Tuesday, March 3, 2009

Doodling can help memory recall: research

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LONDON – Far from being a waste of time, doodling can make a boring presentation or speech easier to memorise, according to research published in Britain on Friday.

Scribbling is normally taken to signify boredom and a short attention span, but a new study at Plymouth University in southwest England has shown that doodling while listening actually helps memory recall.

Volunteers given a doodling task while listening to a dull telephone message were 29 percent better at remembering details than non-doodlers, the journal Applied Cognitive Psychology reported.

Forty participants were asked to listen to a two-and-a-half minute tape and note down the names of eight people discussing a party, as well as place names.

Half the volunteers were told to shade in shapes on a piece of paper at the same time, paying no attention to neatness.

Later all the participants were asked to recall the names of the eight party-goers and place names included in the test.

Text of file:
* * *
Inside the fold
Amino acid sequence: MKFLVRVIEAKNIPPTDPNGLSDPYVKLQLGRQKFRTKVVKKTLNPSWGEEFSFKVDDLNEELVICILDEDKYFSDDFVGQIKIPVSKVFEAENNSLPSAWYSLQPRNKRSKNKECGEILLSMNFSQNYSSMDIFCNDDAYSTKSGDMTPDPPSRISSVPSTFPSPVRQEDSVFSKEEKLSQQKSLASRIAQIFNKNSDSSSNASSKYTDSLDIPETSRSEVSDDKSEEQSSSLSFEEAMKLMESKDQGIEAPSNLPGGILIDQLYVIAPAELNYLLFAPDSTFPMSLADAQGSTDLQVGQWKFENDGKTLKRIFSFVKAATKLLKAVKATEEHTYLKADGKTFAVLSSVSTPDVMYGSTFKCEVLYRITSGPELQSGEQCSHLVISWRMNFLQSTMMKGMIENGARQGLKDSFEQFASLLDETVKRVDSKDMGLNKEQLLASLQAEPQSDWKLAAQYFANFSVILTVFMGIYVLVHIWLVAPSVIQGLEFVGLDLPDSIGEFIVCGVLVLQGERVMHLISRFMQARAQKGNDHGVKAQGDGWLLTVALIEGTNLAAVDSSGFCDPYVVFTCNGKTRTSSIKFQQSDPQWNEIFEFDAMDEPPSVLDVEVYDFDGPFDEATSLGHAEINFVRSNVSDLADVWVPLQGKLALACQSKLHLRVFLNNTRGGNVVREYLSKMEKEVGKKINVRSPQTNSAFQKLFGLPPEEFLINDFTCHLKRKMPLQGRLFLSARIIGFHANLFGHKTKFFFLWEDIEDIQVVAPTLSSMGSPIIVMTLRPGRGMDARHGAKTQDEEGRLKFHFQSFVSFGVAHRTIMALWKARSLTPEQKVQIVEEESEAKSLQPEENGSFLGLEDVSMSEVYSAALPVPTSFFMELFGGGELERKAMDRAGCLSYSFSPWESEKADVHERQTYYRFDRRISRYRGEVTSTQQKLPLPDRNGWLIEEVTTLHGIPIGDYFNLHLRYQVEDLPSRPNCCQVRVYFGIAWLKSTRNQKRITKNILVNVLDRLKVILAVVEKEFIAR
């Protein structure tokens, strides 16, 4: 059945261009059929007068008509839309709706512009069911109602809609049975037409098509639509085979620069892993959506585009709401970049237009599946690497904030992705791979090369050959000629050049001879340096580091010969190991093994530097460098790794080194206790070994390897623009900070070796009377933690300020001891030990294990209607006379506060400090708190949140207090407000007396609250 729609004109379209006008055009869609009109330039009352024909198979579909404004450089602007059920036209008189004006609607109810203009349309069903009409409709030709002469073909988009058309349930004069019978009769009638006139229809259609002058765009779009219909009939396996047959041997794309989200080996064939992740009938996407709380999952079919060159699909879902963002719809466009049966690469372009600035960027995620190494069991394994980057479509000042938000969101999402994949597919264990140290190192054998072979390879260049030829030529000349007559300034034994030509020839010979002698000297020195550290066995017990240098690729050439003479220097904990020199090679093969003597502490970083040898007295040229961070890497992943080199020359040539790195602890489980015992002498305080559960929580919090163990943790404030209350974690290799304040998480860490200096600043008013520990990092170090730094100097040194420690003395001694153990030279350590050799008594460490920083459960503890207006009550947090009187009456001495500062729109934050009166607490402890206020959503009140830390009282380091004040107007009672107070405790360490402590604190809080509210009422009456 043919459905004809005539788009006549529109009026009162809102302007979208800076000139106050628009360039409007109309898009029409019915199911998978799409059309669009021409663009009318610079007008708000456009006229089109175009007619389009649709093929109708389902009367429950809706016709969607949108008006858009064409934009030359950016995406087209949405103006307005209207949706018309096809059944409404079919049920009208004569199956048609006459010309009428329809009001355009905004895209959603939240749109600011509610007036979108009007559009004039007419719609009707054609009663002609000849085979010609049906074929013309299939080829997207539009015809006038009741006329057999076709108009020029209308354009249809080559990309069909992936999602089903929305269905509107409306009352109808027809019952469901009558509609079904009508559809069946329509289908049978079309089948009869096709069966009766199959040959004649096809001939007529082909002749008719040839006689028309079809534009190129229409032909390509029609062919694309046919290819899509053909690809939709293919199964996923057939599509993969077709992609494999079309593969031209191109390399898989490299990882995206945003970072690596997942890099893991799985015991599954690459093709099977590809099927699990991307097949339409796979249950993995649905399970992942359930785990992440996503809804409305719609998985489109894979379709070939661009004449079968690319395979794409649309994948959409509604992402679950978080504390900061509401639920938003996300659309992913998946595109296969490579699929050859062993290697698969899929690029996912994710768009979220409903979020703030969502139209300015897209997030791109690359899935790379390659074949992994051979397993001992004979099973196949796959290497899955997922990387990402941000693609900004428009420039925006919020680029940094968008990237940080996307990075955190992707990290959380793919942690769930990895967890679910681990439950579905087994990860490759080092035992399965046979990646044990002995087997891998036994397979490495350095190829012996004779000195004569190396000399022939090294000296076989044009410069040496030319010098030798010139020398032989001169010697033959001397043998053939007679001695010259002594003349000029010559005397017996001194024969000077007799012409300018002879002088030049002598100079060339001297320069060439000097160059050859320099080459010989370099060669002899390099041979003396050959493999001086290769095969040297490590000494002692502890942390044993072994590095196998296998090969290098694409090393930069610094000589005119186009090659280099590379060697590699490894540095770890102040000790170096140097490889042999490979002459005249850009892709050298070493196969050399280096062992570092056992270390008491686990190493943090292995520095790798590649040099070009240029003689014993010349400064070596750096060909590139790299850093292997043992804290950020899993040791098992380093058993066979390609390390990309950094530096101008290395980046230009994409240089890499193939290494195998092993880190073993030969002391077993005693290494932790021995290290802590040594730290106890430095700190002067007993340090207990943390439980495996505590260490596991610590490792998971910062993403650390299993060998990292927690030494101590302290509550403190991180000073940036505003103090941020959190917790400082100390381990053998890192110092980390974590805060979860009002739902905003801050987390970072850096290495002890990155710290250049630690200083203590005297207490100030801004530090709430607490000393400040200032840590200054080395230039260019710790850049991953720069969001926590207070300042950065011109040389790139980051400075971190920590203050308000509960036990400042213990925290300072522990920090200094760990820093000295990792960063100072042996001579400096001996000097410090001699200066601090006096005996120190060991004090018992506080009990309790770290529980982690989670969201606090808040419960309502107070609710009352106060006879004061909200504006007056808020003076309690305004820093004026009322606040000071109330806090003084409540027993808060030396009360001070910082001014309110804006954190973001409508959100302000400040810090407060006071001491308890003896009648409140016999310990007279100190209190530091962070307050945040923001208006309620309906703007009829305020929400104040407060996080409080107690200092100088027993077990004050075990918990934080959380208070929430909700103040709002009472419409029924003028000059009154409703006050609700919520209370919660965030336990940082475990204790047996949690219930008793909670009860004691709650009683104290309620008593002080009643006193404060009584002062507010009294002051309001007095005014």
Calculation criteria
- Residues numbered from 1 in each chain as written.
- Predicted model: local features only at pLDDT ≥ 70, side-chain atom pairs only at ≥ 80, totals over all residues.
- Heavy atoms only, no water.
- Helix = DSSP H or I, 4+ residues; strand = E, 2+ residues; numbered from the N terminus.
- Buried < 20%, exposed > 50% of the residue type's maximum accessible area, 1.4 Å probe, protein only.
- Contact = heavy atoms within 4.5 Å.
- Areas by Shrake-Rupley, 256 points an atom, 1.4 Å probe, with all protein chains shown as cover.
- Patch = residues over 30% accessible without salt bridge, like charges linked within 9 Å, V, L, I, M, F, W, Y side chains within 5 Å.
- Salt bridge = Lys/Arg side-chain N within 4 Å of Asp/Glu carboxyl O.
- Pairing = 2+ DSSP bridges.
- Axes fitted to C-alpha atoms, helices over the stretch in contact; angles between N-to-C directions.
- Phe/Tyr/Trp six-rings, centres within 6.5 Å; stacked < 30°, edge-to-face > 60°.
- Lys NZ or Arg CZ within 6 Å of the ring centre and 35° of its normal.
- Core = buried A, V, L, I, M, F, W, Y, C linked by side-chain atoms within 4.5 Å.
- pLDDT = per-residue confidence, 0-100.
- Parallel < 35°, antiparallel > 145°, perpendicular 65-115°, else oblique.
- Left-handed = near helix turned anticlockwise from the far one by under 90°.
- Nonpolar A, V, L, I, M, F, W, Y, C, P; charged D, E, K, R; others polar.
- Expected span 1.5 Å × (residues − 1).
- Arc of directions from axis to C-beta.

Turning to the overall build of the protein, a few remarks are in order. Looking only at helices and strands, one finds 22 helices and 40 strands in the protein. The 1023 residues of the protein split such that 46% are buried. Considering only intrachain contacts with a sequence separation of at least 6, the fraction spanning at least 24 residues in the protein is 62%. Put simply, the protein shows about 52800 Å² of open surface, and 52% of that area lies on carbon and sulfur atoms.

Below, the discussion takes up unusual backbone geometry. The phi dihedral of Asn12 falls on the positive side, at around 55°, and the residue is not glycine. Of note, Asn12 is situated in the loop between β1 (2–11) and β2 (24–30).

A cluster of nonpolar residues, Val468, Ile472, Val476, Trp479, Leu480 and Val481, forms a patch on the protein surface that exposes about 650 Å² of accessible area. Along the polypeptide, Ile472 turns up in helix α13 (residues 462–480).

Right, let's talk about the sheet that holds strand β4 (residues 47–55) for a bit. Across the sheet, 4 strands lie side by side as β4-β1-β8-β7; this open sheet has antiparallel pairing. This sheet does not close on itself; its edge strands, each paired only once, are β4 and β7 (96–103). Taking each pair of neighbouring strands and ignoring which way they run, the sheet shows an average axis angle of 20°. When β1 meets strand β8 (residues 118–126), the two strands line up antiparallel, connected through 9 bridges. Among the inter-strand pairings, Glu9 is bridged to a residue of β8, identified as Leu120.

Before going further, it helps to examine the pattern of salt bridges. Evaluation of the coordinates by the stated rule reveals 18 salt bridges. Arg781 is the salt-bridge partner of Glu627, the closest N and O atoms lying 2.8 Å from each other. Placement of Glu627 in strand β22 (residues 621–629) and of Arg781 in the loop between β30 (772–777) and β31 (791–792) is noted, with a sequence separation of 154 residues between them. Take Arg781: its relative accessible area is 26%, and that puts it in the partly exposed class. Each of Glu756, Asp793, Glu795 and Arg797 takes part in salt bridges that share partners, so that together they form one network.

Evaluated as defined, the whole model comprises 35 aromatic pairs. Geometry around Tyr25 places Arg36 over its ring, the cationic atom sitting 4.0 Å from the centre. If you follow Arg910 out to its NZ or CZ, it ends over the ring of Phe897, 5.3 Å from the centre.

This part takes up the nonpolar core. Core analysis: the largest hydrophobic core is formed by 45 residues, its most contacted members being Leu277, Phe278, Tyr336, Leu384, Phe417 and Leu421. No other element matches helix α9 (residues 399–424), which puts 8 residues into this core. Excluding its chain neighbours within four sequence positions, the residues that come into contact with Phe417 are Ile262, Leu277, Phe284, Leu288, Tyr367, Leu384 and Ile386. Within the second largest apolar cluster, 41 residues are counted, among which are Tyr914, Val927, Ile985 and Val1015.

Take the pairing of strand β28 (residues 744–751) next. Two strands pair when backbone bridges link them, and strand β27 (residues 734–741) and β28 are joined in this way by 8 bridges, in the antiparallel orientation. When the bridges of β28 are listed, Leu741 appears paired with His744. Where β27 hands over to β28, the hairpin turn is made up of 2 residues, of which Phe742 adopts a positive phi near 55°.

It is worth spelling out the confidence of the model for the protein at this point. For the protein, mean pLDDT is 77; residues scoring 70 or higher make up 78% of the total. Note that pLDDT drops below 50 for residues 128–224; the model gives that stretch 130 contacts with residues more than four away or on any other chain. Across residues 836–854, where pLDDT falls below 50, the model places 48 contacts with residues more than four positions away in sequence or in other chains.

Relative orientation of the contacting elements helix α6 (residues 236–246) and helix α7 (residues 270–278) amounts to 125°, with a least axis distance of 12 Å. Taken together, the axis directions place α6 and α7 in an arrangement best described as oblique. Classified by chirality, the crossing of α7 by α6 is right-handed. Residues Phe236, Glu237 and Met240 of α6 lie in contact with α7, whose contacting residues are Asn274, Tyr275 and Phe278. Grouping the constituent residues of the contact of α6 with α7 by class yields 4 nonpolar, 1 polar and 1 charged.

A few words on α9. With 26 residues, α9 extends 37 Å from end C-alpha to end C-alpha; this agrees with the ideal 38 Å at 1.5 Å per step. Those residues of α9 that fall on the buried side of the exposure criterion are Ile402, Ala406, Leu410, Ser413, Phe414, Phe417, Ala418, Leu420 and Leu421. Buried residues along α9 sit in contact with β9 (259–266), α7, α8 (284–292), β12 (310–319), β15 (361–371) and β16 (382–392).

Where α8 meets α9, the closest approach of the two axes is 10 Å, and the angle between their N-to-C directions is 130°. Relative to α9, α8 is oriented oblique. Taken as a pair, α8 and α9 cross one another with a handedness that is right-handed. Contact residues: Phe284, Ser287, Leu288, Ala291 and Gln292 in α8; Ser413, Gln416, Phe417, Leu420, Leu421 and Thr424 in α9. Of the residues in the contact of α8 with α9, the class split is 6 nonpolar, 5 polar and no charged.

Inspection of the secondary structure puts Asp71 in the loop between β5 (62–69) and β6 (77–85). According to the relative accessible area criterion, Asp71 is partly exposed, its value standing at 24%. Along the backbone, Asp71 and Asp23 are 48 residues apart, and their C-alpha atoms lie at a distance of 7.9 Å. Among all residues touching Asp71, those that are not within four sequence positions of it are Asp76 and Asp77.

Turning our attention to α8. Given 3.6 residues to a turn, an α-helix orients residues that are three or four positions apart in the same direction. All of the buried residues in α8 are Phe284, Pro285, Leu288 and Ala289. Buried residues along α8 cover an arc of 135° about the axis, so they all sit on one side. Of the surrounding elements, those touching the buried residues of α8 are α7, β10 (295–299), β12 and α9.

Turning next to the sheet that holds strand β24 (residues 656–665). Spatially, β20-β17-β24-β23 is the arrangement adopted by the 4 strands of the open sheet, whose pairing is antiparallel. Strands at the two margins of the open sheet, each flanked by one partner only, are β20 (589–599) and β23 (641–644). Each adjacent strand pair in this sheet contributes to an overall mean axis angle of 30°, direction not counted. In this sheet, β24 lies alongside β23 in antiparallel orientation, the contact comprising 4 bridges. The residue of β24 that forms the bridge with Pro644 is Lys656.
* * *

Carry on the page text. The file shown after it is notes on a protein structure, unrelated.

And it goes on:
Doodlers remembered an average of 7.5 names of people and places while non-doodlers could only recall 5.8.

Professor Jackie Andrade, from the university, said: "If someone is doing a boring task, like listening to a dull telephone conversation, they may start to daydream."

"Daydreaming distracts them from the task, resulting in poorer performance. A simple task, like doodling, may be sufficient to stop daydreaming without affecting performance on the main task," he said.

"This study suggests that in everyday life doodling may be something we do because it helps to keep us on track with a boring task, rather than being an unnecessary distraction that we should try to resist doing."

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